The library of Sigismund II Augustus, the last male representative of the Jagiellonian dynasty, was one of the most outstanding of its day in Europe. It is estimated that the monarch may have collected more than 4,000 works. But it is not just its size, itself significant by European standards, that makes the royal book collection one of the key achievements of Renaissance book-collecting. It is also the library’s comprehensive nature. The collection includes works containing the latest knowledge in a full range of fields, from theology, philosophy and law to medicine, history and astronomy.
Sigismund II Augustus employed agents to source books for his library. Before he ascended to the Polish throne in 1548, those agents included humanists such as Andrzej Trzecieski the Older and his son Andrzej Trzecieski the Younger, both of them leading figures in bringing the Reformation to Poland.
Sigismund II Augustus’s keen interest in his ever-growing collection of books is evident not just from the sums of money generously allocated from the royal purse to the purchase of books but also from the fact that the monarch employed a series of librarians on a permanent basis. The first of these librarians was Jan z Koźmina, followed by Stanisław Koszutski and finally Łukasz Górnicki, who made a lasting contribution to the history of Polish culture as the author of Dworzanin polski (A Polish Courtier) among other works.
All the books in the royal collection featured the same leather binding, not just protecting them from damage but also adding greatly to their aesthetic value. The bindings are a canvas for the skills of the best craftsmen in the country, including the bookbinders Dawid and Jerzy Moeller from Cracow. There are words Sigismundi Augusti regis Poloniae monumentum tooled on the lover cover. The Latin word “monumentum” can mean a “monument”, “memorial” or “reminder” – in all probability the King wanted his collection to show future generations that he had a love of knowledge and beauty.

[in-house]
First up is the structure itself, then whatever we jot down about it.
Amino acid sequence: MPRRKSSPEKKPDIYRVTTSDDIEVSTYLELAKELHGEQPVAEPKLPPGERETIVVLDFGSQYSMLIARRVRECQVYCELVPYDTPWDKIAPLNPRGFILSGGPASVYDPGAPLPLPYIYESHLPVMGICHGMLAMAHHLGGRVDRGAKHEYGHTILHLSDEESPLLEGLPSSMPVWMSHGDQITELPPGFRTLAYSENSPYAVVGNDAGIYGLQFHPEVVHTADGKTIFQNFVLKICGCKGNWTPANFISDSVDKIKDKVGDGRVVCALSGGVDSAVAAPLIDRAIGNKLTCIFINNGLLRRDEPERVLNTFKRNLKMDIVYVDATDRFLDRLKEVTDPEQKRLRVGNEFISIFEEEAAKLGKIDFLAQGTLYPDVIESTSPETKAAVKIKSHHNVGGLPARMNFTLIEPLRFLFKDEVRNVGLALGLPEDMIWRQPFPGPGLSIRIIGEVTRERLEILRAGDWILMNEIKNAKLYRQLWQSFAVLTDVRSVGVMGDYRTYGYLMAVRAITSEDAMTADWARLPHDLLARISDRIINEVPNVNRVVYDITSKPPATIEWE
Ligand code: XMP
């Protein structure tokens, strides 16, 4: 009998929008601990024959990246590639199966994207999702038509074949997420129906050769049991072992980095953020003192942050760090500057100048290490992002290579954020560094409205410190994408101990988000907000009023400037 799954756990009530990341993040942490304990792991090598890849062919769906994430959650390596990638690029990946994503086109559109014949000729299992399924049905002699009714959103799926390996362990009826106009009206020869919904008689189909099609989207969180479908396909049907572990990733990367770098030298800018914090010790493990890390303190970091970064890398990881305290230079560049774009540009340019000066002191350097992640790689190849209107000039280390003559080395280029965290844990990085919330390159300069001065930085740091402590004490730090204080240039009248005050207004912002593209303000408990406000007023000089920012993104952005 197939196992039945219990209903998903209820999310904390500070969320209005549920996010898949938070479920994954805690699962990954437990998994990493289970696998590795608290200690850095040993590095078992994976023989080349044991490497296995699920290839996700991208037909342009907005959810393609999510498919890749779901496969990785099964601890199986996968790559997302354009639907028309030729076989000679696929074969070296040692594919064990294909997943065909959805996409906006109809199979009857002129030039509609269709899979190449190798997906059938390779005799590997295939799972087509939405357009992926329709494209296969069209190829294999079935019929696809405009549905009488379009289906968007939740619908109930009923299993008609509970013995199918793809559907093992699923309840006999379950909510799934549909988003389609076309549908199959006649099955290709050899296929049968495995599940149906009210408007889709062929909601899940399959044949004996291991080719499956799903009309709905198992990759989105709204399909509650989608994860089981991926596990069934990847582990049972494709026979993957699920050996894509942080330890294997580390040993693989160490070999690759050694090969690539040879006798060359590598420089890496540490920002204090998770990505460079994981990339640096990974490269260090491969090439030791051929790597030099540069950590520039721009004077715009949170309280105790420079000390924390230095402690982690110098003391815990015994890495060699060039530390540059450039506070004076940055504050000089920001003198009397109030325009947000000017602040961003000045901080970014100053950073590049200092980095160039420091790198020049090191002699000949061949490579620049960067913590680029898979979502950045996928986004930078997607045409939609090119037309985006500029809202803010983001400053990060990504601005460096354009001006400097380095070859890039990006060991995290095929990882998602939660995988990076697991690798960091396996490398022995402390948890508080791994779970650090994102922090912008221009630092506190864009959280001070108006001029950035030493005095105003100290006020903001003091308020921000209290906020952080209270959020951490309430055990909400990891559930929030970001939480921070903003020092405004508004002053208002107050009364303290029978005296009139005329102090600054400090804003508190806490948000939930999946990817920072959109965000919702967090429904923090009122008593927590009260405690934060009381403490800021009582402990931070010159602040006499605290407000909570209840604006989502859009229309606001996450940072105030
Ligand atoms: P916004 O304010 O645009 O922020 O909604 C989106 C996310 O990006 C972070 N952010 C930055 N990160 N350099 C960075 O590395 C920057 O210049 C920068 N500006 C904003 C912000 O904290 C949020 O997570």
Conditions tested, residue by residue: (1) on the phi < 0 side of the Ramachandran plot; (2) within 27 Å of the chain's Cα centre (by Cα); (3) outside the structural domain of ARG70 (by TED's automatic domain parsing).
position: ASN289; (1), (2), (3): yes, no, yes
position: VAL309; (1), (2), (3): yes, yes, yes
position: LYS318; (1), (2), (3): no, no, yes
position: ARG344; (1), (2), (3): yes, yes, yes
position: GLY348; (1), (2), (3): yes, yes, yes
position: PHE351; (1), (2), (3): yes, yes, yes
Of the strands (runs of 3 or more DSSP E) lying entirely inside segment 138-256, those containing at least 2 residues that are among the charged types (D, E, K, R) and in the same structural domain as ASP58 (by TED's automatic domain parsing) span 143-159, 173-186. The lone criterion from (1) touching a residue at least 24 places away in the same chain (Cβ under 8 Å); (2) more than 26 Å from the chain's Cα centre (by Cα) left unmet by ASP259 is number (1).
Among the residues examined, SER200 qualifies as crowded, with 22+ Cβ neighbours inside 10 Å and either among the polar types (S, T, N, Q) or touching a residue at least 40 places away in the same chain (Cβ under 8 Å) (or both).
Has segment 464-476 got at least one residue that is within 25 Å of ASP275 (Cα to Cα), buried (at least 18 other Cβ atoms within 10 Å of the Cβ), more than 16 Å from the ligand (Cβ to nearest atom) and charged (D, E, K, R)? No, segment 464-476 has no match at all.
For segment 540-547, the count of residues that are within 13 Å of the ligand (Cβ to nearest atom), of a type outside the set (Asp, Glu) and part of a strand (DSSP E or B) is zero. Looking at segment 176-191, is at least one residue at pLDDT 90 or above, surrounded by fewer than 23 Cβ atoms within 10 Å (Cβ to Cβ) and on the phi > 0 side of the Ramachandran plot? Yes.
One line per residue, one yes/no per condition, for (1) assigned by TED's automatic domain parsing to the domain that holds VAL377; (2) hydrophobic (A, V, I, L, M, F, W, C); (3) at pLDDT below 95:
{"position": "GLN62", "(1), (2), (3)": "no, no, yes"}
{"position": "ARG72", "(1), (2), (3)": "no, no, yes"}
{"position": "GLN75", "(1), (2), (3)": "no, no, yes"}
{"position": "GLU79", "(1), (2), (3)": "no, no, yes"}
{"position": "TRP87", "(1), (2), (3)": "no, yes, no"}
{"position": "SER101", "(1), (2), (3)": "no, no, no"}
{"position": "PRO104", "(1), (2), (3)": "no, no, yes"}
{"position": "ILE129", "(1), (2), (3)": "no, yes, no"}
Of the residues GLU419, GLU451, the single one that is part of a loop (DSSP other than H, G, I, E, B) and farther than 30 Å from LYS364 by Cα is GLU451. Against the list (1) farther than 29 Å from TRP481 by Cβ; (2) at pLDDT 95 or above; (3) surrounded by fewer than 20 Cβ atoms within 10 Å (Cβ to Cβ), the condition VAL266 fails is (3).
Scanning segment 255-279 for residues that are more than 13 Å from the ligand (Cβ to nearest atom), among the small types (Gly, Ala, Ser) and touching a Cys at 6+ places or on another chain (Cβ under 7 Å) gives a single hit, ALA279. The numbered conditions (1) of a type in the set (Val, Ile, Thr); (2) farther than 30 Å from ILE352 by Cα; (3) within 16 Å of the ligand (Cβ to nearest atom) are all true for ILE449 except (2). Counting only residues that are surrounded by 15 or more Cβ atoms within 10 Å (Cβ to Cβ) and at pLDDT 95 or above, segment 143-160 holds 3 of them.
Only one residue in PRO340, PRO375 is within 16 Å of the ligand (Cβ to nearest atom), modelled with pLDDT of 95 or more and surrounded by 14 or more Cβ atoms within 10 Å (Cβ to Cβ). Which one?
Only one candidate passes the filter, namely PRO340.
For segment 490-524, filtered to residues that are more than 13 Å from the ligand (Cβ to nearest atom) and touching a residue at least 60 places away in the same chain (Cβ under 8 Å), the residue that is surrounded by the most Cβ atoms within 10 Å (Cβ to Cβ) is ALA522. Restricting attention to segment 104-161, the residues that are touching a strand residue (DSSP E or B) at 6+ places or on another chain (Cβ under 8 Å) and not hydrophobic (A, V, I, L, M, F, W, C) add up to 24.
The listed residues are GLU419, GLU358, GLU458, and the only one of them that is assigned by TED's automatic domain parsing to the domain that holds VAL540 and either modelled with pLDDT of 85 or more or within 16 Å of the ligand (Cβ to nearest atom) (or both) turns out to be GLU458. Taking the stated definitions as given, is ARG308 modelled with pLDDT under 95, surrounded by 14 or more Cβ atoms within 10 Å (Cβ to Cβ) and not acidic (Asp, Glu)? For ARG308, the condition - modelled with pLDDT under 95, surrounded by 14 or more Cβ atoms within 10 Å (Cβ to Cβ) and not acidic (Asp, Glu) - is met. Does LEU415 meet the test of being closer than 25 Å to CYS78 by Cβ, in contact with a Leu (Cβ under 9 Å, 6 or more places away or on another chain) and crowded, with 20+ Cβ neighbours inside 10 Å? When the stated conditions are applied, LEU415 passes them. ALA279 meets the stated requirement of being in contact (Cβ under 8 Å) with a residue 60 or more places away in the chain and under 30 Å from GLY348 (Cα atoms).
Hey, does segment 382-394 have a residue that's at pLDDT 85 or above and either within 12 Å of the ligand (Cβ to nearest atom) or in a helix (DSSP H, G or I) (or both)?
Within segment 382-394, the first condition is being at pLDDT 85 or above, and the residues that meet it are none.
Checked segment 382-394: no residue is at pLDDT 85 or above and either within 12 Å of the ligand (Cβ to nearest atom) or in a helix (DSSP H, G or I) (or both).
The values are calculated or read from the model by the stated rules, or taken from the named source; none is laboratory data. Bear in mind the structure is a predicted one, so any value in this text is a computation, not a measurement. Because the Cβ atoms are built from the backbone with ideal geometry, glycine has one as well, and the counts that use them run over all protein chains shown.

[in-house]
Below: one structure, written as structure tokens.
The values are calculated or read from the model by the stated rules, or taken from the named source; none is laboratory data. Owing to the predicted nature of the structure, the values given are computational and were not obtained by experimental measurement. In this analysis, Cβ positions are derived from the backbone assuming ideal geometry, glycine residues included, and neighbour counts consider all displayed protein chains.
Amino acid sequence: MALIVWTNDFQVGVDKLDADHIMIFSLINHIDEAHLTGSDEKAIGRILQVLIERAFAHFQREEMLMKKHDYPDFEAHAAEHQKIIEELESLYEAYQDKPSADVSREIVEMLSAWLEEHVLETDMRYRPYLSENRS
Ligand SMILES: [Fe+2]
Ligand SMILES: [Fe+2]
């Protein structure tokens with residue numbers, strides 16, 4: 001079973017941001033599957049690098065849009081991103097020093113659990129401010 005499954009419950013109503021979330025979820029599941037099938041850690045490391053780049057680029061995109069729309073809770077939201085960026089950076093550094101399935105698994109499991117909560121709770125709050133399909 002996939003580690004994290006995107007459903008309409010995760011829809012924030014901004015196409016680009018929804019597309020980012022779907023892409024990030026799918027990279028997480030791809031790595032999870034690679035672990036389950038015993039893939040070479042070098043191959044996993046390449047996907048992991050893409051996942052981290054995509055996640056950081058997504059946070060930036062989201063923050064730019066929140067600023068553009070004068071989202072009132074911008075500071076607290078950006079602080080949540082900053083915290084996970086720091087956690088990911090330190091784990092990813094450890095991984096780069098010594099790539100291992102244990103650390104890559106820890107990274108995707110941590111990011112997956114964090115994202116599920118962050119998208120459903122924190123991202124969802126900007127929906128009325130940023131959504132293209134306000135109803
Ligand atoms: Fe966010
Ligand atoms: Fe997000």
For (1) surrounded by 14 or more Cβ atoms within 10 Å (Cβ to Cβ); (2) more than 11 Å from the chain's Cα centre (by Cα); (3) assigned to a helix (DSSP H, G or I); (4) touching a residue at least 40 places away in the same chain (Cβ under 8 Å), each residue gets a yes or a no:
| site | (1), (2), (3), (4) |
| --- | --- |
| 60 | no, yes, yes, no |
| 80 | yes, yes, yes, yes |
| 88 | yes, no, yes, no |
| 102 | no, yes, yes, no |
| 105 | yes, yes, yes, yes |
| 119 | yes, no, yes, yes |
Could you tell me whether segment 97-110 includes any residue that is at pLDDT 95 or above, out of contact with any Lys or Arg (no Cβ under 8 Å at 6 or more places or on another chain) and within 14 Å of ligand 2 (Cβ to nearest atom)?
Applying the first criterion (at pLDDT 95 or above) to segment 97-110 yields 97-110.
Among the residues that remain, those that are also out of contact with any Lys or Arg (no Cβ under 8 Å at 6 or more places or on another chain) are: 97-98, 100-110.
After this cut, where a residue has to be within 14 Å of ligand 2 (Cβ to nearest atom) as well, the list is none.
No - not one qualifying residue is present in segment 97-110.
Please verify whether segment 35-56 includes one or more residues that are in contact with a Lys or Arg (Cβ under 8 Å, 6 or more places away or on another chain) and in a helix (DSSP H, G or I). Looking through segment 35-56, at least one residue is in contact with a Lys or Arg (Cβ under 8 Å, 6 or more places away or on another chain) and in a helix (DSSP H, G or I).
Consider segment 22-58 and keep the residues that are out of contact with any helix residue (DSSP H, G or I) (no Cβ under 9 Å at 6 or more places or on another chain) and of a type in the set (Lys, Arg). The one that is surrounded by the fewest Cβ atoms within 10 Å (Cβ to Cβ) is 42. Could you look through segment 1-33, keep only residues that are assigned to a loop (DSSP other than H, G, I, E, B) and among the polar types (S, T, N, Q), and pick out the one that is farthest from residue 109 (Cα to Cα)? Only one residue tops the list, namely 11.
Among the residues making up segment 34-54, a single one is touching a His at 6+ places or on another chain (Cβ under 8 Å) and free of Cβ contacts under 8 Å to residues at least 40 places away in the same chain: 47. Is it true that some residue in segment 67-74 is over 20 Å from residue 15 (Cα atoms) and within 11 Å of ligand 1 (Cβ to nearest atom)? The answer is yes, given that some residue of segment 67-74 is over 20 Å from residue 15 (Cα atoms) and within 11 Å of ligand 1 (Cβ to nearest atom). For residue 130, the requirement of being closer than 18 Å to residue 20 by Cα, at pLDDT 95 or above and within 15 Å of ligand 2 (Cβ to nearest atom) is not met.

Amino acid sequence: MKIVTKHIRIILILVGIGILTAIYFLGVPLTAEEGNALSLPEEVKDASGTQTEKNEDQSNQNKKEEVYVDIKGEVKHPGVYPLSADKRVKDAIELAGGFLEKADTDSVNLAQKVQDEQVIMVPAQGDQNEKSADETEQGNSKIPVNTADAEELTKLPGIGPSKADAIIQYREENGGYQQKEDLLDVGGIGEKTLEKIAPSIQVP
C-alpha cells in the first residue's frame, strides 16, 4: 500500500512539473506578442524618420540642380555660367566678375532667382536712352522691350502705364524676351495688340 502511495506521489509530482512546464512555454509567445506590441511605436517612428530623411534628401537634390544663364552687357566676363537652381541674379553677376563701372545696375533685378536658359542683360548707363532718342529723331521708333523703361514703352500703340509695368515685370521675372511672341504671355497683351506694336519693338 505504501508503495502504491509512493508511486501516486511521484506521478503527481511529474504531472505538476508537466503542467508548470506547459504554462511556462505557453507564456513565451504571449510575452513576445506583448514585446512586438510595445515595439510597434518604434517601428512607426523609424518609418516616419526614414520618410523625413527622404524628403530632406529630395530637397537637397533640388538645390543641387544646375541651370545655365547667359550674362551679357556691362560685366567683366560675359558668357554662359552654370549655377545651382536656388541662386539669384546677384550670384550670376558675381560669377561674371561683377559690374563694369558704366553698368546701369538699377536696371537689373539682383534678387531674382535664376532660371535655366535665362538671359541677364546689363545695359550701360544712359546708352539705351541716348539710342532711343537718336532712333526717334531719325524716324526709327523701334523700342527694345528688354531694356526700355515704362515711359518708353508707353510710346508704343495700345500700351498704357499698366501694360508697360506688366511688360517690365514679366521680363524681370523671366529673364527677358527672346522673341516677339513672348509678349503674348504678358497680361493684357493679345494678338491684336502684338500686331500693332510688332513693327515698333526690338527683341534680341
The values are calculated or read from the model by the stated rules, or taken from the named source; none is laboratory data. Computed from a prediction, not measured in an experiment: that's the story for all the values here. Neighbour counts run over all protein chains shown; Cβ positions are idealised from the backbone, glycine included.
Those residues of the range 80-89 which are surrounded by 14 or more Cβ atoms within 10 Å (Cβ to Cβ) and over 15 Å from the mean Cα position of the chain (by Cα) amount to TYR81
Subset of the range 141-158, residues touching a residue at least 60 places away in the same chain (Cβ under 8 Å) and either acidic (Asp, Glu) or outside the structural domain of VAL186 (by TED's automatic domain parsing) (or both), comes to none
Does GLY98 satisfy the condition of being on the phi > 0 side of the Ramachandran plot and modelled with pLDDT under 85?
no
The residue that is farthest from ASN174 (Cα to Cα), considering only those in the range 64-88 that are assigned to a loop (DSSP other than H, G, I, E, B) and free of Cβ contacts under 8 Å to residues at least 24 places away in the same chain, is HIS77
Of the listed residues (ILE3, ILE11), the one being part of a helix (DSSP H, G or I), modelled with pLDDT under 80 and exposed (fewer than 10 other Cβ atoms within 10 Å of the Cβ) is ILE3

Towards the end of his life, Sigismund II Augustus’s favourite residence became Knyszyn in Podlachia, conveniently located on the road connecting the Polish Crown with the Grand Duchy of Lithuania. It is thus no surprise that he decided to move his library to the nearby town of Tykocin. In his will, the monarch left the collection to the Jesuits of Vilnius, but this wish was never fully realised. After his death the library was scattered and a large part of it disappeared. Today around 700 volumes from the collection are known, held by various institutions mainly in Poland, Russia, Sweden and Lithuania.
The National Library of Poland houses the largest collection of surviving items from Sigismund II Augustus’s library, some 160 works bound into 106 volumes. Most of the items – 148 works in 95 volumes – come from the collection of the former Library of the Zamoyski Fee Tail (Biblioteka Ordynacji Zamojskiej).
All the books from the royal collection held by the National Library can be accessed via the POLONA digital library.